A loaded Colorado Avalanche team has its sights set on the Stanley Cup this season.
In 2021-22, most Avalanche games will be televised in local markets on Altitude, while some games will be nationally televised on NHL Network (usually out of market only, but those will also be on Altitude), TNT or ESPN.
Additionally, every out-of-market game (and some nationally broadcast games) will also stream on ESPN+, which replaces NHL.tv this season.
Whether you live in the Avalanche market or somewhere else in the United States, here’s a full rundown of the different ways you can watch every Avalanche game live online without cable in 2021-22:
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If You’re in the Avalanche Market
Note: A couple Avalanche games this season will stream exclusively on ESPN+ nationally with no blackout for in-market viewers. The following option is for how to watch all other in-market games:
This is the only streaming service that has Altitude
DirecTV Stream (formerly AT&T TV) has four different channel packages: “Entertainment,” “Choice,” “Ultimate” and “Premier.” ESPN and TNT are included in all of them, Altitude (local markets) is in “Choice” and up, and NHL Network is in “Ultimate” and up.
You can sign up right here:
Once signed up for DirecTV Stream, you can watch Avalanche games live on the DirecTV Stream app, which is available on your Roku, Roku TV, Amazon Fire TV or Fire Stick, Apple TV, Chromecast, Samsung TV, any device with Android TV (such as a Sony TV or Nvidia Shield), iPhone, Android phone, iPad or Android tablet. Or you can watch on your computer via the DirecTV Stream website.
If you can’t watch live, DirecTV Stream also comes with 20 hours of Cloud DVR storage (with the ability to upgrade to 500 hours).
If You’re out of the Avalanche Market
You can watch every out-of-market, non-nationally televised NHL game (over 1,000 games total) on ESPN+, which replaces NHL.tv and is a must-have for any NHL fan in the United States:
ESPN+, which also includes about 75 exclusive national NHL games, plus dozens of other live sports, every 30-for-30 documentary in existence and additional original content (both video and written), costs $6.99 for a month or $69.99 for a year (or about seven cents per NHL game if you want to look at it that way).
If you also want Disney+ and Hulu, you can get all three for $13.99 per month. Separately, the three streaming services would cost a total $20.97 per month, so you’re saving about 33 percent:
Once signed up for ESPN+, you can watch every out-of-market Avalanche game live on the ESPN app on your Roku, Roku TV, Amazon Fire TV or Firestick, Apple TV, Chromecast, PlayStation 4 or 5, Xbox One or Series X/S, any device with Android TV (such as a Sony TV or Nvidia Shield), Samsung Smart TV, Oculus Go, iPhone, Android phone, iPad or Android tablet.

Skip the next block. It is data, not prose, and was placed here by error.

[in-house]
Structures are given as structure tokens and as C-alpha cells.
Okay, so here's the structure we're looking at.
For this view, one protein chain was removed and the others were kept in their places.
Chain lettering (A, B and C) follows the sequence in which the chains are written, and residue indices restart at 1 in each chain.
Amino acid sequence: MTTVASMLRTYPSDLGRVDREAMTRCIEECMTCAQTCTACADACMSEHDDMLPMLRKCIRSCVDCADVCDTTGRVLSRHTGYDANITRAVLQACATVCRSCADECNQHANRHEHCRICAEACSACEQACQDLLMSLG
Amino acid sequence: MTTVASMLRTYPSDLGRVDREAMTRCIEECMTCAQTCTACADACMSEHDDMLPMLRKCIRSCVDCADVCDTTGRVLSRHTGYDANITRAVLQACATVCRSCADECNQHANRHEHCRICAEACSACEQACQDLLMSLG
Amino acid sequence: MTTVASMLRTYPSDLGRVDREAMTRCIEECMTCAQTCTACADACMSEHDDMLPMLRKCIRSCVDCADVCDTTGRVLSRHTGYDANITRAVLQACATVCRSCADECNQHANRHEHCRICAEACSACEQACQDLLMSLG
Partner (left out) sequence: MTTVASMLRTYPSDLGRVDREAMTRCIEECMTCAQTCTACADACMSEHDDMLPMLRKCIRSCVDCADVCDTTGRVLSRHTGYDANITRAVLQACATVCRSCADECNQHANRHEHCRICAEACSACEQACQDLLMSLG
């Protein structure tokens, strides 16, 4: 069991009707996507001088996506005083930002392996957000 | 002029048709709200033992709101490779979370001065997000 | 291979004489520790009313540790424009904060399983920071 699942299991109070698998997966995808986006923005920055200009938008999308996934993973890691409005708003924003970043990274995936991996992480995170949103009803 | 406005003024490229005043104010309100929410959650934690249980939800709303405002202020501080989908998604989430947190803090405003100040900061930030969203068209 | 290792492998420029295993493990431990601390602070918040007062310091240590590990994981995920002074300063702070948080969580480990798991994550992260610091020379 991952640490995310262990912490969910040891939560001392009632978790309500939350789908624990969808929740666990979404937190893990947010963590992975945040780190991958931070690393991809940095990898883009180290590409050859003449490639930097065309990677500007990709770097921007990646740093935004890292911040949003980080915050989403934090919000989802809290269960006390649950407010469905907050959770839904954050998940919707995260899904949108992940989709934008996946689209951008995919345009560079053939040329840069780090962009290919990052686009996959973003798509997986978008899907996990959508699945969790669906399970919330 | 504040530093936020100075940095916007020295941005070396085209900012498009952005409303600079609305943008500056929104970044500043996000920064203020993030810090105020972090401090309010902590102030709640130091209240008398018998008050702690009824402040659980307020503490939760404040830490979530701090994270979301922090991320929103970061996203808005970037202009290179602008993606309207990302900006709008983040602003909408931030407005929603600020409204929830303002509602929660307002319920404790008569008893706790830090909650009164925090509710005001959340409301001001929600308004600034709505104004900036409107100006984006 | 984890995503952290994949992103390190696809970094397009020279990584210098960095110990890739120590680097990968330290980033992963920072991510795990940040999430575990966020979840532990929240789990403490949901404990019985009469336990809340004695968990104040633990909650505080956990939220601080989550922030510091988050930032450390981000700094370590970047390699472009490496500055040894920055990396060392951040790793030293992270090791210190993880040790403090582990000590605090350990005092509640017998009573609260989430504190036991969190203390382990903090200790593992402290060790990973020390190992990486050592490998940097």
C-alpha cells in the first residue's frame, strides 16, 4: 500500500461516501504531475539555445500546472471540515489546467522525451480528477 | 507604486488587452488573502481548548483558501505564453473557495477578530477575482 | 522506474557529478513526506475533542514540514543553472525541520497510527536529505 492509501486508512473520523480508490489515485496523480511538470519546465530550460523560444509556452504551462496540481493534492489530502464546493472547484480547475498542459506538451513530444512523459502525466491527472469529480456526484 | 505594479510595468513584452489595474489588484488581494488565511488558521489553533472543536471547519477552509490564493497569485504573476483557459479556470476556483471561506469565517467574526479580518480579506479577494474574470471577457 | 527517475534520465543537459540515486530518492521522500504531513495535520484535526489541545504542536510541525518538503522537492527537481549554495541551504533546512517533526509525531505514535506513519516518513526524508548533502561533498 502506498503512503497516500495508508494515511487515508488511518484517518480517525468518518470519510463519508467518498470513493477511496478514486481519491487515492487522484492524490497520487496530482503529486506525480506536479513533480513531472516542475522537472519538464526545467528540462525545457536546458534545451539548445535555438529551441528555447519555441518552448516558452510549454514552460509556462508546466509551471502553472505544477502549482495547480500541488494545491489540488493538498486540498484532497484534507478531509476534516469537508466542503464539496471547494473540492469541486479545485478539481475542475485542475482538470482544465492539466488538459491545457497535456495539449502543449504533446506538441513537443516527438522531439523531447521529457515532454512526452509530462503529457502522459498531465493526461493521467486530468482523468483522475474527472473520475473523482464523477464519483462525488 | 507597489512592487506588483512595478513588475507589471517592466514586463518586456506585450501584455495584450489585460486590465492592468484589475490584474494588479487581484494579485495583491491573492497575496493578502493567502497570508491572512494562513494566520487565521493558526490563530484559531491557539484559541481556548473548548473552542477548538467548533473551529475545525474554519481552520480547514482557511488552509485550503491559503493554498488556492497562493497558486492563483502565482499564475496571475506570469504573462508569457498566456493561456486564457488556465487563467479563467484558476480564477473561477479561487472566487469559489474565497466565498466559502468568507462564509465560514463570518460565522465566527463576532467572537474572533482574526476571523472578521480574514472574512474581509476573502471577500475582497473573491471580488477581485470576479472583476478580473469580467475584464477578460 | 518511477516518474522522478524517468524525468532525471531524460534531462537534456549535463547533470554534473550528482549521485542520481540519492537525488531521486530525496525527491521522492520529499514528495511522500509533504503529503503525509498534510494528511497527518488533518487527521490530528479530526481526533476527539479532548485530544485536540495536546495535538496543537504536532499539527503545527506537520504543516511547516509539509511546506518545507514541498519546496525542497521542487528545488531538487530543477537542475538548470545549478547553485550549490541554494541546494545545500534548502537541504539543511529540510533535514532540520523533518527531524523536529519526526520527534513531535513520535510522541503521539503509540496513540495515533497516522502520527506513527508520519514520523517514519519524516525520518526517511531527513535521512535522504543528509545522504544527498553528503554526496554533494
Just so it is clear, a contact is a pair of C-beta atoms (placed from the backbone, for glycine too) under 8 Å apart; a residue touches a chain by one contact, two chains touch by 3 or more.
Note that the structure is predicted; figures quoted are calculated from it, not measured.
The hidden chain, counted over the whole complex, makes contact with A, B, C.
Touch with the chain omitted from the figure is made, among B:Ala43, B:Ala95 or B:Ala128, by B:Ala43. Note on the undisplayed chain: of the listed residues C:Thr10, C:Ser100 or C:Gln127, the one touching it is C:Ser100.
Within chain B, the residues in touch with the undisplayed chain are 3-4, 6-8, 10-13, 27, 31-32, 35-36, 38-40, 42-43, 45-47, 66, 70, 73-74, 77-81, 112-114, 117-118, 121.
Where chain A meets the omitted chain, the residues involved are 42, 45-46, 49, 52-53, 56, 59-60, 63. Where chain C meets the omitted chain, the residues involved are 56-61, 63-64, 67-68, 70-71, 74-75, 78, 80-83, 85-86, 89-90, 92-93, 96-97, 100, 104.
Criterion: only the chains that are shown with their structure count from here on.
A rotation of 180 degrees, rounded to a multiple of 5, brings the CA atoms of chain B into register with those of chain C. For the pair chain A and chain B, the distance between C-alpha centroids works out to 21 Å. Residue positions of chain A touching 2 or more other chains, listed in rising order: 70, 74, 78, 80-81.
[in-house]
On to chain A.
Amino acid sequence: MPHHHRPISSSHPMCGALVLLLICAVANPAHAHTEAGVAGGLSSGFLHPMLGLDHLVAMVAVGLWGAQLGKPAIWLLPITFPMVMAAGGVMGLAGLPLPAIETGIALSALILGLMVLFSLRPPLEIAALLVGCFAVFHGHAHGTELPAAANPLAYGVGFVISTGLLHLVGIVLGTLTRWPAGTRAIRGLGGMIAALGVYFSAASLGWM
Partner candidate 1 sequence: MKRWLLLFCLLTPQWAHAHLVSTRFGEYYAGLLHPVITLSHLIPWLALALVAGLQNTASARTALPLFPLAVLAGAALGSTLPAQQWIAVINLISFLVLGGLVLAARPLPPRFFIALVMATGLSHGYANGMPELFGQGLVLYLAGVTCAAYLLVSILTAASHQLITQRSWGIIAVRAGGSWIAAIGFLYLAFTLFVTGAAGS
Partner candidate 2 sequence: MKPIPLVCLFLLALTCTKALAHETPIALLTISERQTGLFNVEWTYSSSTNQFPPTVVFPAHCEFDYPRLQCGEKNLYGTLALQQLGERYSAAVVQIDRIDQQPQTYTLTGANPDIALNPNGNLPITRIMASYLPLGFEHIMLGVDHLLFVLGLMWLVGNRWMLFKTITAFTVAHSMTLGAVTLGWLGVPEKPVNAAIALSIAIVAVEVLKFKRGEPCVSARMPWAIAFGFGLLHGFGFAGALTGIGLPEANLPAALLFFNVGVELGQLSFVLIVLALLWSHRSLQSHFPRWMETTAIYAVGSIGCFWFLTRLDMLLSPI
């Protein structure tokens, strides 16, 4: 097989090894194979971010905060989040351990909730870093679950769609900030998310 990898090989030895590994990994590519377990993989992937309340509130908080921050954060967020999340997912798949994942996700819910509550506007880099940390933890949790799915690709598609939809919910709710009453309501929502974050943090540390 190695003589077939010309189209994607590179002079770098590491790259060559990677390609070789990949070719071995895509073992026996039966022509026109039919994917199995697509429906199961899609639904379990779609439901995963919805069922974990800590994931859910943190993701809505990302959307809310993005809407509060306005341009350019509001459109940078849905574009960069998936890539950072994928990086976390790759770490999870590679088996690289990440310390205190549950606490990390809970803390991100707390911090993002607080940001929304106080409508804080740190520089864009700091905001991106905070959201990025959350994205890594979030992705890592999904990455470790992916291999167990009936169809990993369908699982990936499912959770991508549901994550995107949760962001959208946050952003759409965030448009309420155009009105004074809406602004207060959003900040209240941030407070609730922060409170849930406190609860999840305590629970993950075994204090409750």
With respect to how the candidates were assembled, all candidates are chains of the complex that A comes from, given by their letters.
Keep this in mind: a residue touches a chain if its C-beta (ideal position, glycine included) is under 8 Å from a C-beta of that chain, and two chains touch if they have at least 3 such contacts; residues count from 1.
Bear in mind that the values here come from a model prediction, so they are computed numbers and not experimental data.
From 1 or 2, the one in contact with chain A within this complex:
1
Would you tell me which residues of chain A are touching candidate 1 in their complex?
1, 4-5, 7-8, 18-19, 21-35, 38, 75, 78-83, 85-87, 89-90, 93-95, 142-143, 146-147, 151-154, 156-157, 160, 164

You can also watch on your computer via ESPN.com.
Avalanche Season Preview 2021-22
Colorado comes into this season with so much talent that The Athletic’s Dom Luszczyszyn projects the Avalanche as the strongest team in the NHL this season.
Avalanche general manager and former star center Joe Sakic would agree. Sakic led the Avalanche to a pair of Stanley Cup wins as a player in 1996 and 2001, but the Avalanche hasn’t been back to the finals or the conference finals since 2002. The last three seasons ended in the conference semifinals, including a tough 2021 squad that went 39-13-4.
“Our goal is to try to win the Stanley Cup,” Sakic said according to Mark Kiszla of the Denver Post. “We’re one of the favorites, and that’s a good position to be in. It doesn’t guarantee anything. But to be picked as one of the favorites going into the season, it means you’re doing a pretty good job with your roster.”
The Avalanche has dynamic first line, arguably the best in the NHL.
Center Nathan MacKinnon had 20 goals and 45 assists in 48 games last season. He posted 90-point seasons the past three years when playing 69 or more games.
Right wing Mikko Rantanen scored 30 goals and assisted on 36 in 52 games for 2020-2021. He went over 80 points in the last two seasons where the NHL had a full schedule before COVID-19.
Left wing Gabriel Landeskog tallied 20 goals and 32 assists in 54 contests last season. He had 75 points in the last full NHL season and 62 the year before that.
Colorado also has young talent in rookie Alex Newhook. The former Boston College standout appeared in six games and tallied three points. The Avalanche also have defenseman Bowen Byram, the No. 4 pick in the 2019 draft. Byram played in 19 games last season and had a plus-minus of one, and he tallied two assists.
A change in goaltending shouldn’t slow down the Avalanche either. Philipp Grubauer left in free agency for Seattle after a Vezina Trophy-worth season in goal. The Avalanche obtained Darcy Kuemper from the Arizona Coyotes in a trade to replace Grubauer.
Though Kuemper played for a perennial cellar dweller, he still showed promise throughout his time in the desert. Kuemper had a .907 save percentage, a 2.56 goals allowed average, and a 10-11-3 record in 27 games last sea son.
Colorado also has backup goalie Pavel Francouz back from injury. Francouz went 21-7 with a .923 save percentage and 2.41 goals allowed in the 2019-2020 season.
While the Avalanche are an easy favorite to win the Central Division, the team will need to move past its recent postseason demise.
“To get over the hump, everybody’s got to take that step up,” Sackic said per Kiszla. “In every round, there’s another emotional level you’ve got to get to. You can only do that by going through it. I’m hoping the lessons from last year (in the playoffs), we’re going to learn from those. You’ve got to get there. And then we’ve got to prove it on the ice. None of that’s going to be answered until we actually get in that position again and see if we can take the next step.”
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